An interesting development is the rise of blogs. Law blogs (‘blawgs’), sometimes complemented by online companions and other vehicles of ‘short form’ legal scholarship, may better serve the needs of the practitioners and enhance the scholarly debate among the academics. Their increasing popularity–especially in the US where law articles tend to be the very opposite of ‘short form’– raises new issues: might these blogs harm legal scholarship, or are they becoming a legitimate form of legal scholarship in their own right? Do blogs register intellectual property, as journal publications do? Will these blogs replace our thousands of law journals worldwide in the long term, and do libraries have a responsibility to preserve the blogs for future generations? All these new developments might even herald the coming of an era where legal scholarship will mainly be available online rather than in print … (pp. 233-34, footnotes omitted, emphasis added).
Prof. Stolker also links the raise of online access to content (not only in blogs) with the neighbouring issue of scholarship dissemination via the use of social networks, and rightly points out that

Overall, one-third of our scientists and scholars are reported to use LinkedIn and Twitter. Science and scholarship are rapidly transforming into a fascinating variety of digitally networked forms. Too often the distribution and communication of the products of legal scholarship are considered the exclusive responsibility of the publisher. However, making your work widely accessible is, as we have seen, primarily a duty of the scholars themselves. Until we make progress in this area, cross-border scholarly debate will continue to be seriously hampered (p. 260, emphasis added).
These two insights trigger some important questions for further reflection. In my opinion, the answers that Law Schools give (or not) to these questions will determine whether they manage to attract or retain innovative legal scholars--who wants to work at an Institution that considers blawgging something you do on your free time?--and, maybe more importantly from the institutional perspective, whether they maintain or develop an online reputation that allows them to attract the best students, particularly at postgraduate level.

In my personal view--the reader should bear in mind that I blog as a passion and that I am very fortunate of my scholarship being on the top 0.5% of SSRN authors by downloads, so I may quickly be seen as conflicted on this--blogging about legal developments and engaging in debates and dissemination of research in social media are truly valuable activities and they should be recognised as such. Blogs allow for an immediacy of academic debate that is impossible to match for any other platforms, either printed or online. Moreover, given the increasing constraints on publishing "proper", "printed" research [at least in the UK as an (undesired?) effect of the REF], some traditional sorts of legal scholarship such as case comments or book reviews are languishing as scholars are pressured into publishing (only) 4* outputs (which, almost by definition, cannot be of those sorts). Consequently, I do not think that they will substitute all other forms of legal scholarship, but they are bound to fill a gap that has existed for a long time and that may be (in part) responsible for the distance with which practitioners look at legal research (if they ever look into law books at all).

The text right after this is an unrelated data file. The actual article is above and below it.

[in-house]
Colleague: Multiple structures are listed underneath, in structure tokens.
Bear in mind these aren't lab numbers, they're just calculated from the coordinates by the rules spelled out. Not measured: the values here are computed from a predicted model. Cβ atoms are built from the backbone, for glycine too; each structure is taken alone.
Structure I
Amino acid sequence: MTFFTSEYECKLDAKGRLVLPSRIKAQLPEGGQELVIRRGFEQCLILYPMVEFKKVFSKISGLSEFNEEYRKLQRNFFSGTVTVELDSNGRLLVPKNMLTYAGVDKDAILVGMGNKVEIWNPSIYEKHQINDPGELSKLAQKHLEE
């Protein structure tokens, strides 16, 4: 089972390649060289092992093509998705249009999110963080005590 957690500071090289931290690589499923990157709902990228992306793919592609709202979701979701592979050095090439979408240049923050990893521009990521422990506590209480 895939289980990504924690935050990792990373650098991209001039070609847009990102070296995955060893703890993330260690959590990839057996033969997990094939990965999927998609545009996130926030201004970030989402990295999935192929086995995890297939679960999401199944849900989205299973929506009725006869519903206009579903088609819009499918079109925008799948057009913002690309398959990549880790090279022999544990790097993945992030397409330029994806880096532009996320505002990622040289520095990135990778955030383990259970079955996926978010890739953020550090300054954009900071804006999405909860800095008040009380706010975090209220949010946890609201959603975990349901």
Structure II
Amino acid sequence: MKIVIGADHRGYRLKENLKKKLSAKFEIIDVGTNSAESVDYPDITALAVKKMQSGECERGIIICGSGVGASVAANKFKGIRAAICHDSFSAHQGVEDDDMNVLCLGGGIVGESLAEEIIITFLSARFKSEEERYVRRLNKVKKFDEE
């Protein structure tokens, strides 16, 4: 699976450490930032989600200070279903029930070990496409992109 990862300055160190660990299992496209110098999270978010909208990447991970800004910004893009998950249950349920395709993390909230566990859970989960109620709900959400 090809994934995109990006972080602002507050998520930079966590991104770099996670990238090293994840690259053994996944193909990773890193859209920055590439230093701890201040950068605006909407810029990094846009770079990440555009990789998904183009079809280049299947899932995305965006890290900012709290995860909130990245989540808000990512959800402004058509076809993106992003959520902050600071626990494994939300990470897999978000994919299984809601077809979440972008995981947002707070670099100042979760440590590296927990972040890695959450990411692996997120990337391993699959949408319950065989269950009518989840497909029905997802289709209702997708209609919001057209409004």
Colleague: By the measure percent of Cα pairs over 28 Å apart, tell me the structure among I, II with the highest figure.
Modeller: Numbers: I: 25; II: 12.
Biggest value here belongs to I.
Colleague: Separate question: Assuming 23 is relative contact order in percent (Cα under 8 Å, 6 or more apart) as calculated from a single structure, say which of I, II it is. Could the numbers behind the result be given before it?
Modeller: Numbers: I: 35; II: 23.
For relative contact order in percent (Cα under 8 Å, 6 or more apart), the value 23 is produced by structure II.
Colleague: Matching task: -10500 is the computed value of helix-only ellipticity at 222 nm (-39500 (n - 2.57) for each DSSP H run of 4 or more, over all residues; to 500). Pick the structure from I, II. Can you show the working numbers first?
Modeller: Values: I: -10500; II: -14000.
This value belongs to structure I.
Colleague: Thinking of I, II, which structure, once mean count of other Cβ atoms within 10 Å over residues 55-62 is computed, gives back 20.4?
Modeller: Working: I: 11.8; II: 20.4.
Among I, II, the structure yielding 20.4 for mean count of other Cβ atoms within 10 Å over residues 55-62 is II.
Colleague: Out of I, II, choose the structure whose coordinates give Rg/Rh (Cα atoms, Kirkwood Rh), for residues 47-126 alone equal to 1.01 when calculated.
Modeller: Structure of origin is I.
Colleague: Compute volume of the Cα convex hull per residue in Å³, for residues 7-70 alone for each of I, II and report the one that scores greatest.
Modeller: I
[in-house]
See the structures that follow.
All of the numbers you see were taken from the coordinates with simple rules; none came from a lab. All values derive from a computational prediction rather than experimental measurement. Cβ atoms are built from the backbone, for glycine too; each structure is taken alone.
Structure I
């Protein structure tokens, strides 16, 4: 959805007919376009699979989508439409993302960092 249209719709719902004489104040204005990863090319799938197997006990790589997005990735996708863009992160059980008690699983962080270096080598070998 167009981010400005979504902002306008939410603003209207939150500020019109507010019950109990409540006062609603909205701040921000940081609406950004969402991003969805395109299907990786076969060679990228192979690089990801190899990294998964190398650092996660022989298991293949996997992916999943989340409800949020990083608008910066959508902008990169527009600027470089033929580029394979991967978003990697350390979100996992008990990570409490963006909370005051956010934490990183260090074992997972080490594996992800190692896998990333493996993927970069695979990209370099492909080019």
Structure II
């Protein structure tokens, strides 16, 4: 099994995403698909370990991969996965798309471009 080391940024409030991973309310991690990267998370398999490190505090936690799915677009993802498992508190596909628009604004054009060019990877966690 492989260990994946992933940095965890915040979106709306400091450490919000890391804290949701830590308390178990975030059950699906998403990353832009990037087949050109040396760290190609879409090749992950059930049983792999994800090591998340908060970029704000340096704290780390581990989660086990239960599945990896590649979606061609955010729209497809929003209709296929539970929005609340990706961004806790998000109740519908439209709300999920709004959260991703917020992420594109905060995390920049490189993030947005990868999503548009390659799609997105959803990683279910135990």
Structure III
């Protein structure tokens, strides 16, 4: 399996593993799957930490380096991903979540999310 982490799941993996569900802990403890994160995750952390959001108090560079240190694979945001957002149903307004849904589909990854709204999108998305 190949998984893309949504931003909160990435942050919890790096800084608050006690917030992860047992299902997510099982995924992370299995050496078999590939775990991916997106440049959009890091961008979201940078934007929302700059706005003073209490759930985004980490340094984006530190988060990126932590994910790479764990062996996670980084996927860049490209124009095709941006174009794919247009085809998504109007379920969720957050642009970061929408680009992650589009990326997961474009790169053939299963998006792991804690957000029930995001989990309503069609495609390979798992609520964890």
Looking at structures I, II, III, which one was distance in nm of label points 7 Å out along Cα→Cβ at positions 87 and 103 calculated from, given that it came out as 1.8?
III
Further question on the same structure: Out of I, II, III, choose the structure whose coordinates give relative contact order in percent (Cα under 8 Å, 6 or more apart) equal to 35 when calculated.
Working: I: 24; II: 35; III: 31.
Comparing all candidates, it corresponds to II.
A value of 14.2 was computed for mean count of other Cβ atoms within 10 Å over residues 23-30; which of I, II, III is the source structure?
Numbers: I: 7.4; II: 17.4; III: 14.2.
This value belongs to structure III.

However, blogs remain at the margin (if not completely outside) of academic assessments and blawggers are simply aficionados that share their views out of personal interest, search for fame/impact, or boredom. In my view, this needs to change. Not because that would make the life of the academic blawgger easier (which it certainly would), but because more academics would feel tempted to "take the risk to go online" if the incentives were not so clearly against it. And that would benefit all of us, both when the quality of the blogging was good, and when it was bad, as I would expect that academic debate and peer-review would swiftly establish quality controls or, at least, interesting exchanges of ideas.

Overall, to keep this rant short, I would like to see all deans and heads of law school's reading Prof. Stolker's book, at least to get the conversation really started.